* Posts by sweh

24 posts • joined 6 Jul 2017

Philips kills dependence on its Hue hub, pointing to a Bluetooth world


Re: All my bulbs are old now :-(

The hue hub does not need to receive incoming connections from the internet; it reaches out to a google cloud hosted service via https. It does this to receive firmware updates, and to allow for remote control when out of house, and for integration with voice assistants, etc.

And in current affairs... Apple recalls three-prong AC adapters after some shocking behavior



PogoPlug from 2009 did this (although it wasn't wireless). See, for example, https://zatznotfunny.com/2009-10/pogoplug-cloud-realignment/

London's Gatwick airport suspends all flights after 'multiple' reports of drones


Re: Why not kit out airports with anti-drone drones?

Flesh'n'blood hawks do the job just fine; https://www.youtube.com/watch?v=b5DEg2qZzkU

Equifax IT staff had to rerun hackers' database queries to work out what was nicked – audit


Re: I'd like to know

If the cert was being used for passive TLS decryption (a common technique for Data Loss Prevention) then an expired cert may not trigger alarms (the device manufacturer may consider that a normal case; certs do expire, especially if the cert store can handle multiple ones) but the TLS decryption would fail (also a normal scenario).

Since, in this scenario, it's passive no traffic gets blocked and data is no longer inspected.

Cert management needs to be proactive, not reactive.

Chromebooks gain faff-free access to Windows file shares via Samba



Hopefully it'll also work with Microsoft's Distributed File System (DFS) which makes a share look like \\domain\sharename and the service resolves to the best server to handle it (DR, regional replicas, etc). This is something Linux sometimes struggles with.

Security MadLibs: Your IoT electrical outlet can now pwn your smart TV


Re: It's Christmas!

Interesting demographic niche there: old enough to like "Merry Christmas Everybody", young enough to think Alexa is a good idea.

Or maybe old enough to be able to decide for themselves the pros and cons of Alexa and feel that the "fun" factor outweighs the minimal risk.


BTW, I'm 50 this year. Hardly a youngster.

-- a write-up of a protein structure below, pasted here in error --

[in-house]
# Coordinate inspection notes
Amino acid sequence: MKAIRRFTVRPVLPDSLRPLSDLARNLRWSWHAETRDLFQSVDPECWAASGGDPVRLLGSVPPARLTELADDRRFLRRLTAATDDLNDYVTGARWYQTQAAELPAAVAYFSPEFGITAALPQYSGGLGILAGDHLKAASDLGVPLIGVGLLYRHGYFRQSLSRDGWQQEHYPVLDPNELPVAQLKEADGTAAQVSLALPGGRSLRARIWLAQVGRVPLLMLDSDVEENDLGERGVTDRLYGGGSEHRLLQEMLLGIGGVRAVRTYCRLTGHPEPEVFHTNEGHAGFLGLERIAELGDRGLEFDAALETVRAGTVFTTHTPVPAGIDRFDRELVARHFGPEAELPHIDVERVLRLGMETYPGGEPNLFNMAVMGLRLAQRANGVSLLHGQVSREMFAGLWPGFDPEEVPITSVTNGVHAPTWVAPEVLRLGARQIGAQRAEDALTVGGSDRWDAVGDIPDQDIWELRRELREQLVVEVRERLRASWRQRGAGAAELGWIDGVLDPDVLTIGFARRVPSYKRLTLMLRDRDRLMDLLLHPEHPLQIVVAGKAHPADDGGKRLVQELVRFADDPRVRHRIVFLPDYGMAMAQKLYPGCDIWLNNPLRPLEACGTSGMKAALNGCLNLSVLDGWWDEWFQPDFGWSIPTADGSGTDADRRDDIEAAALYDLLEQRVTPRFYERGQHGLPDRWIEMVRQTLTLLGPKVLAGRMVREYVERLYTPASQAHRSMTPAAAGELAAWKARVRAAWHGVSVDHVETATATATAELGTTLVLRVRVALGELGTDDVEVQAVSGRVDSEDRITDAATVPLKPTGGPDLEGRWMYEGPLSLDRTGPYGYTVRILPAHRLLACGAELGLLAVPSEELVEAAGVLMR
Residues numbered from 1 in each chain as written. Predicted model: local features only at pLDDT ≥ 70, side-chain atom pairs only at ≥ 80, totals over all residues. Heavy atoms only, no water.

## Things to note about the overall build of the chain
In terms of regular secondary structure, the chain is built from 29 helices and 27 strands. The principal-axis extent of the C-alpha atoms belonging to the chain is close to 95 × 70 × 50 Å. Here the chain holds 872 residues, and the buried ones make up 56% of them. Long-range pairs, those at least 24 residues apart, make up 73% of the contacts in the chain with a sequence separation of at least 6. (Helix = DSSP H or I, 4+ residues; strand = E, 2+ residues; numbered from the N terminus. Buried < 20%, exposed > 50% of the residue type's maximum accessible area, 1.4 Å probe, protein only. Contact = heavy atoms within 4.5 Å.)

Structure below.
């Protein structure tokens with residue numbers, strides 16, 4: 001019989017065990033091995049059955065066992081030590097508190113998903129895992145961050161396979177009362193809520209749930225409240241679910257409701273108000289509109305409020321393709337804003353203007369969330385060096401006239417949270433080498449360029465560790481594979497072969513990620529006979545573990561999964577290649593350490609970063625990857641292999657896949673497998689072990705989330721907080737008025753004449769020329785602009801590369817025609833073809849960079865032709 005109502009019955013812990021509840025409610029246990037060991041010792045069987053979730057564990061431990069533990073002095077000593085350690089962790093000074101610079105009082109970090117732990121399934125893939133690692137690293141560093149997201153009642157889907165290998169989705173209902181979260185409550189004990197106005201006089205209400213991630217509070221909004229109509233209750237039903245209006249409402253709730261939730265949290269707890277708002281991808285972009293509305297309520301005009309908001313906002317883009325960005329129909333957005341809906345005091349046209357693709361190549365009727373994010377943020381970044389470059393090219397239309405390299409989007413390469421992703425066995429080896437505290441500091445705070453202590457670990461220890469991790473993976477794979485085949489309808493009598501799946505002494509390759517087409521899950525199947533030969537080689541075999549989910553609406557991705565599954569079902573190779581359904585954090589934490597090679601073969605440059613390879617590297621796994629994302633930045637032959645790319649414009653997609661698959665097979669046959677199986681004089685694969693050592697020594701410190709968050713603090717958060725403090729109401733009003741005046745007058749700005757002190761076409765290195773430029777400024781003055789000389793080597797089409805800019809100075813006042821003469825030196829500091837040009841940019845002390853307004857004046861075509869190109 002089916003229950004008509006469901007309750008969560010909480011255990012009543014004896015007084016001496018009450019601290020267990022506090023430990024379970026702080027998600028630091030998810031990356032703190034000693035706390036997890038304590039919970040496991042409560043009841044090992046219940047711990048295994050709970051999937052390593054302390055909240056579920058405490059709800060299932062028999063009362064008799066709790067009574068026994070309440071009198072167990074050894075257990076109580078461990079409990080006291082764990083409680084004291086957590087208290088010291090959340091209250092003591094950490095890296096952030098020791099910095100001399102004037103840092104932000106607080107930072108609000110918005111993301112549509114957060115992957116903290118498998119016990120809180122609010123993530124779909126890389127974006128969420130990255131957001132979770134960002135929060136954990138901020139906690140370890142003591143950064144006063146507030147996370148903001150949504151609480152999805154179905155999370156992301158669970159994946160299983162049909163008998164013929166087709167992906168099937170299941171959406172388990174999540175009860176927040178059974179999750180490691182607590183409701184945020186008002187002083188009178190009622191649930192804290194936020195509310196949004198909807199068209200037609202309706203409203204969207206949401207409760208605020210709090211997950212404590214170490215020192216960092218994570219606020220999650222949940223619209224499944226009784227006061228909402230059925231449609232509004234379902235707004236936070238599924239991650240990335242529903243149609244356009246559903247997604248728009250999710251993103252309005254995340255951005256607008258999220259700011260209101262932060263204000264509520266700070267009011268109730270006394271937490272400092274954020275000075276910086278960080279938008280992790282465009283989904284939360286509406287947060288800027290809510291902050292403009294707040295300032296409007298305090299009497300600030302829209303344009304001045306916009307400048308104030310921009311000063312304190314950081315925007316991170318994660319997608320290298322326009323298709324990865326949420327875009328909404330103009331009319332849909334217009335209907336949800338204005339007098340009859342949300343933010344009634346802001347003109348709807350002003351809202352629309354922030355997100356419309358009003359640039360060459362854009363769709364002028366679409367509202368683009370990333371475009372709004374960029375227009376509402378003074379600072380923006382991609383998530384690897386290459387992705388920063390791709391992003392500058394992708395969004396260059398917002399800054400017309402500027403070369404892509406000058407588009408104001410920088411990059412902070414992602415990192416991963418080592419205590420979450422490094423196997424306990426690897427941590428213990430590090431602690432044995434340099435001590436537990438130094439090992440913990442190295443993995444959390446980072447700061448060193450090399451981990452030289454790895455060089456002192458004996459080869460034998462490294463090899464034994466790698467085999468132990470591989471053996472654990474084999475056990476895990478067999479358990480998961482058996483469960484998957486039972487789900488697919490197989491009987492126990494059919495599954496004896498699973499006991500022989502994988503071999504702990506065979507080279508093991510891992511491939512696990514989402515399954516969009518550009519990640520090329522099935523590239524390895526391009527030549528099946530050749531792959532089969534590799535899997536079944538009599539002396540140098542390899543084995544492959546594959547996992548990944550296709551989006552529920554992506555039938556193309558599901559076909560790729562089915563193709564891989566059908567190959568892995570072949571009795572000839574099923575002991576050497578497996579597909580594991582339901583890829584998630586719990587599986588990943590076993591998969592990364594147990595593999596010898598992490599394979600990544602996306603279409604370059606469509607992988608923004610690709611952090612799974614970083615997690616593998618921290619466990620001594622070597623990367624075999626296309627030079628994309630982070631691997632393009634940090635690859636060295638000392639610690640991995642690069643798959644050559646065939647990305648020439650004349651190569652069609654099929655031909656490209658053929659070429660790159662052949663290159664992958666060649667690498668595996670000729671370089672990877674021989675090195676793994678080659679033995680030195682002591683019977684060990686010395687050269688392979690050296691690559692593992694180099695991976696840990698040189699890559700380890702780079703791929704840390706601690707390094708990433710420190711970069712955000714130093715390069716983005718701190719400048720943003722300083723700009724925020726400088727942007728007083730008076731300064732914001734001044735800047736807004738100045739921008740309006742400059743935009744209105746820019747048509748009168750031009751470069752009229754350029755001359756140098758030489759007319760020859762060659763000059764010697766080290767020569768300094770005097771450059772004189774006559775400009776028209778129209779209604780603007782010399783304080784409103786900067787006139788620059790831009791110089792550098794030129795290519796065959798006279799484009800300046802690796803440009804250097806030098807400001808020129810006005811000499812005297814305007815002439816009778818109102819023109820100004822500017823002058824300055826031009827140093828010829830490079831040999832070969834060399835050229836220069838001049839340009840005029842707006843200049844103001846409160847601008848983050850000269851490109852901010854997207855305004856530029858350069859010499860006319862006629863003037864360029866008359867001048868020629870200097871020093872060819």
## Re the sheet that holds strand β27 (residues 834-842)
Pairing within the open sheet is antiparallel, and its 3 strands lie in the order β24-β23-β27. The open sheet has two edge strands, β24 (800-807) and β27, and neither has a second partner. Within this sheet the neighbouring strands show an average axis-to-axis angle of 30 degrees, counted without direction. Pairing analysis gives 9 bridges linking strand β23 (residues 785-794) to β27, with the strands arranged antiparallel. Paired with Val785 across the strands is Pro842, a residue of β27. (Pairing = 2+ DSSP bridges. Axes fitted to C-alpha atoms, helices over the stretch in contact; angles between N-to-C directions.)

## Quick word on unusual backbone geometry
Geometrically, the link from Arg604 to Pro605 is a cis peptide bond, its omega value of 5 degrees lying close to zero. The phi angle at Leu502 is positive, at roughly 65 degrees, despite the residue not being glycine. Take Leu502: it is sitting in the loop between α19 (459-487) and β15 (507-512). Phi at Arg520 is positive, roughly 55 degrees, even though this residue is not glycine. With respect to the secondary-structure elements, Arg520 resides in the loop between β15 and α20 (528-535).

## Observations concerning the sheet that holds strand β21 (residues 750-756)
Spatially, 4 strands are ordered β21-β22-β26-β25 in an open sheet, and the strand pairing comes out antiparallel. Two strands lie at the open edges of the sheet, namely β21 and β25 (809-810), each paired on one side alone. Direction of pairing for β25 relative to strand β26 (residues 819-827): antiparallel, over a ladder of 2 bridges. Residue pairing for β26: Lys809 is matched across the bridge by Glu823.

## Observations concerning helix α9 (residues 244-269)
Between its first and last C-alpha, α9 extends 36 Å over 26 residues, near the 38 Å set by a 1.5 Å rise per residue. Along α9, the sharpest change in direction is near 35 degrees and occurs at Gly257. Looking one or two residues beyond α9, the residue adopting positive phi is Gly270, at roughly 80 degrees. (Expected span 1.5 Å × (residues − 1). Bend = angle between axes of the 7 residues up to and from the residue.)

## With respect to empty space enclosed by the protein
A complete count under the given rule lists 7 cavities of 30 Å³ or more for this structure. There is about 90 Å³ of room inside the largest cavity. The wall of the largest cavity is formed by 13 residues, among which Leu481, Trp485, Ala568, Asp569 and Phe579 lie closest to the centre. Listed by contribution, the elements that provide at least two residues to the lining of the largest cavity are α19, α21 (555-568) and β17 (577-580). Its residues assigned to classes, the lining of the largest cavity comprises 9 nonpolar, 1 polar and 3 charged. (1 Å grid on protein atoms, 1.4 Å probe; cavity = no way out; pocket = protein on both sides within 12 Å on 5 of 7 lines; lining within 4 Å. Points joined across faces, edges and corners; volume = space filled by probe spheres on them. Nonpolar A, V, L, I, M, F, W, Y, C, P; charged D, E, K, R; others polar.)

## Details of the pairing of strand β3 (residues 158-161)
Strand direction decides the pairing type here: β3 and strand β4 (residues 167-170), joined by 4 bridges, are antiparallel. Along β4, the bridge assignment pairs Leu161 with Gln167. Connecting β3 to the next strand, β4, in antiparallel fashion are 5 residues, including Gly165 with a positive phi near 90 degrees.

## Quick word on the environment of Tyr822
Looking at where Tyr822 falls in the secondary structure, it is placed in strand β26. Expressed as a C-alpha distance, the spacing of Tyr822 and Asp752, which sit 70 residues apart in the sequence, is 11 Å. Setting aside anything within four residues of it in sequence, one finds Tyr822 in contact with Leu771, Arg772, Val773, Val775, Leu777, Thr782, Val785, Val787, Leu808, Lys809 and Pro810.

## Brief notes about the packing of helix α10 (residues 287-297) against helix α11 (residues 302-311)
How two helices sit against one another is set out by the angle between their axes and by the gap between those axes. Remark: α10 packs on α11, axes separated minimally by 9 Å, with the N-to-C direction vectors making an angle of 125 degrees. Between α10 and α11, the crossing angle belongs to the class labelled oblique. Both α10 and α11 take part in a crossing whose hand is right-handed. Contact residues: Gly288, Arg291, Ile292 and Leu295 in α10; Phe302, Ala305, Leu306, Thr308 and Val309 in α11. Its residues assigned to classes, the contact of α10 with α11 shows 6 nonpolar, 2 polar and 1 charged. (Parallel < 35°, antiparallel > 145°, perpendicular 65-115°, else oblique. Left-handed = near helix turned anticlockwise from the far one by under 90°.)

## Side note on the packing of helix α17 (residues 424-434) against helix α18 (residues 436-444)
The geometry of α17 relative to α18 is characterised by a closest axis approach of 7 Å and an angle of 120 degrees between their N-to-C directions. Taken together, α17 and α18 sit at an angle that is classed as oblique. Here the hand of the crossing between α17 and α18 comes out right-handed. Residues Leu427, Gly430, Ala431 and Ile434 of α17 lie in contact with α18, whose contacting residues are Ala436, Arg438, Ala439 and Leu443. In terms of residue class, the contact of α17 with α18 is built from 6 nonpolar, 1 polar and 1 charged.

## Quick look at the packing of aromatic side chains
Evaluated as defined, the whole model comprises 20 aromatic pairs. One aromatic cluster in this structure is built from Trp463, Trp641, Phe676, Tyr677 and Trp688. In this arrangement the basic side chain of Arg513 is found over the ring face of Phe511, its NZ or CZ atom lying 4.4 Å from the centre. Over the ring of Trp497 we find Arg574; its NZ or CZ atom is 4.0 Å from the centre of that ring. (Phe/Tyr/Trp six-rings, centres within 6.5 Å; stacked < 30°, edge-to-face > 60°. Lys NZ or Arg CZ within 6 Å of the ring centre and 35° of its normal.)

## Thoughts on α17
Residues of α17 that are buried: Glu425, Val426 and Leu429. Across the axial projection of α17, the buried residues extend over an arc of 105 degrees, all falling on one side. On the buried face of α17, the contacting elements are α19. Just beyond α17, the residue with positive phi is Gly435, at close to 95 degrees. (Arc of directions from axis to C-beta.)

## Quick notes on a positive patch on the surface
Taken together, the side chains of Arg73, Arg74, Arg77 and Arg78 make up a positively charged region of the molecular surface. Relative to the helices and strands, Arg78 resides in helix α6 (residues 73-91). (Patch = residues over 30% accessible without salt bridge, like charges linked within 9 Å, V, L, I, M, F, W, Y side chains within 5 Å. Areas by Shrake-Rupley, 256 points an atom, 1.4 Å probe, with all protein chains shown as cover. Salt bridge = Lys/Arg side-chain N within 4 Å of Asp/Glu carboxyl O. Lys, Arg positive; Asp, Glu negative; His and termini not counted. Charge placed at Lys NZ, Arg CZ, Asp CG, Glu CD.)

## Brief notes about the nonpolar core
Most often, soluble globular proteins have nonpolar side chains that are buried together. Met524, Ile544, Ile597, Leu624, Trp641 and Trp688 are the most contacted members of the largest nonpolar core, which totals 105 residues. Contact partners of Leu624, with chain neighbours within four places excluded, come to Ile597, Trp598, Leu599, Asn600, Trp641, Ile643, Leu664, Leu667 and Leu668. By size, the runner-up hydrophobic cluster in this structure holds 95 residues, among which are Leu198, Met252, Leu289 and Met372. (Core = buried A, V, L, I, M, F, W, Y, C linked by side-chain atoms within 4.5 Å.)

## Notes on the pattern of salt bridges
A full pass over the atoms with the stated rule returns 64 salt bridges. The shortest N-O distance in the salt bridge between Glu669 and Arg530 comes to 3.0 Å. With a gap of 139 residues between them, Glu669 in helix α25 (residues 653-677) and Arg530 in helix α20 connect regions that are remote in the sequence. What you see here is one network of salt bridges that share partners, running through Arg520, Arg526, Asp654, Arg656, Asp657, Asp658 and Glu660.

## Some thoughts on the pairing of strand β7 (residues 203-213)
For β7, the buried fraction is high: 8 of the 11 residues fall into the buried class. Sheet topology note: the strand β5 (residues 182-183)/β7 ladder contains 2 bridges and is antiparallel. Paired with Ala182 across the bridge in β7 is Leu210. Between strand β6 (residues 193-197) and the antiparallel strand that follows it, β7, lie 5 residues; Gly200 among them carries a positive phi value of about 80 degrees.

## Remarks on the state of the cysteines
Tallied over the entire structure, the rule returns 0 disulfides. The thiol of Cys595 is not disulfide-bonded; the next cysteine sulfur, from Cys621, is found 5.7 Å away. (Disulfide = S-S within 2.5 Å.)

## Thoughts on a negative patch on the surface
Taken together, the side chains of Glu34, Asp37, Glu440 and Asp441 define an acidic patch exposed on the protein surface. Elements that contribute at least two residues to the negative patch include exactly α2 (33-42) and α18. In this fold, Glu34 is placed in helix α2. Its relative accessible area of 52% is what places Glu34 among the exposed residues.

UPnP? Ugh. That's just asking for remote attacks. Let's expose my IOT device to the whole internet. We've never seen that cause a problem before.

The other option is to have the devices reach out to a central server (which is what things like TP-Link Kasa, Frigidaire, Hue, Echo, TiVo...) all do. Now we're dependent on the central server keeping running! We've never seen those companies stop supporting devices or shutdown servers...

At least Kasa devices and Hue hub expose local network endpoints (unauthenticated so anyone on the local network can reach them) so if the central server does go away then at least freeware alternatives can be written.

There is no win... just various shades of lose.


It's Christmas!

"Shoot me now. Please, someone. Just end it before it gets any worse."

At Christmas time I plan on putting the tree lights on a smart switch and programming the echo so I can say "Alexa, it's Christmas!" and the tree lights will turn on and Slade will start playing.

Now that's smart :-)

EU wants one phone plug to rule them all. But we've got a better idea.


Re: Be much more interested in...

"NT4[...]stable and snappy"... yes, it dropped into that stable blue screen very very quickly!

Google Chrome update to label HTTP-only sites insecure within WEEKS


Re: @Tomato42

In the US, ISPs are mostly a local monopoly. You get your local cableco... or maybe Verizon if you're lucky. No real choice.

And when we've seen Verizon, Comcast, AT&T all MITM traffic...

And then you have people using Starbucks WiFi (are you sure you're on the Starbucks hotspot and not someone pretending to be it?) and other free hotspots...

Basically, the underlying transport must be considered insecure.


Re: http://www.bbc.com/

Yes, mixed content is not secure. The browser doesn't (shouldn't!) even attempt to access the http content, by default, which is why some people are screaming ("our ad network is http only; it'll stop working if we move the main server to TLS").

The ad networks will catch up. They'll have to.


Re: Shared Hosting

Umm, you might want to look at the Server Name Indication (SNI) field of TLS; it allows exactly for the situation where multiple hosts share the same IP address.

This solution is only about 10 years old. If your client supports TLS1.2 (and if it doesn't then you have bigger problems) then it should support SNI.

Smart bulbs turn dumb: Lights out for Philips as Hue API goes dark


I'm only 50, and I've seen failed switches. Admittedly that's in America, where I find the whole electrical setup to be scarily bad, compared to what I grew up with in England :-)


Expandability, flexibility, ease of installation.

Maybe the bulb of tomorrow will have a built-in Alexa. Or infrared sensors so they form part of your alarm system. Or speakers. Or motion control (think Kinect on steroids). Or...?

Big Brother

Google Cloud

I've been messing around with a Hues Emulator; a python script that runs on a VM and pretends to have light bulbs attached. The Alexa device detects these and adds them. Now when I use voice control I see a connection from the Echo (oddly, not the one I'm speaking to but another one in another room!) to the emulator. So Alexa voice control appears to be local (once it's been sent to Amazon for processing, of course).

For "out of home" connections, the Hue Bridge makes an outgoing persistent connection to a Hues website. My router conntrack is telling me it is currently connected to - which is "....bc.googleusercontent.com" and has a certificate for ws.meethue.com (signed by some Philips intermediate) - I'm guessing a websockets layer.

Given this is google cloud compute, it's likely Philips pushed bad code...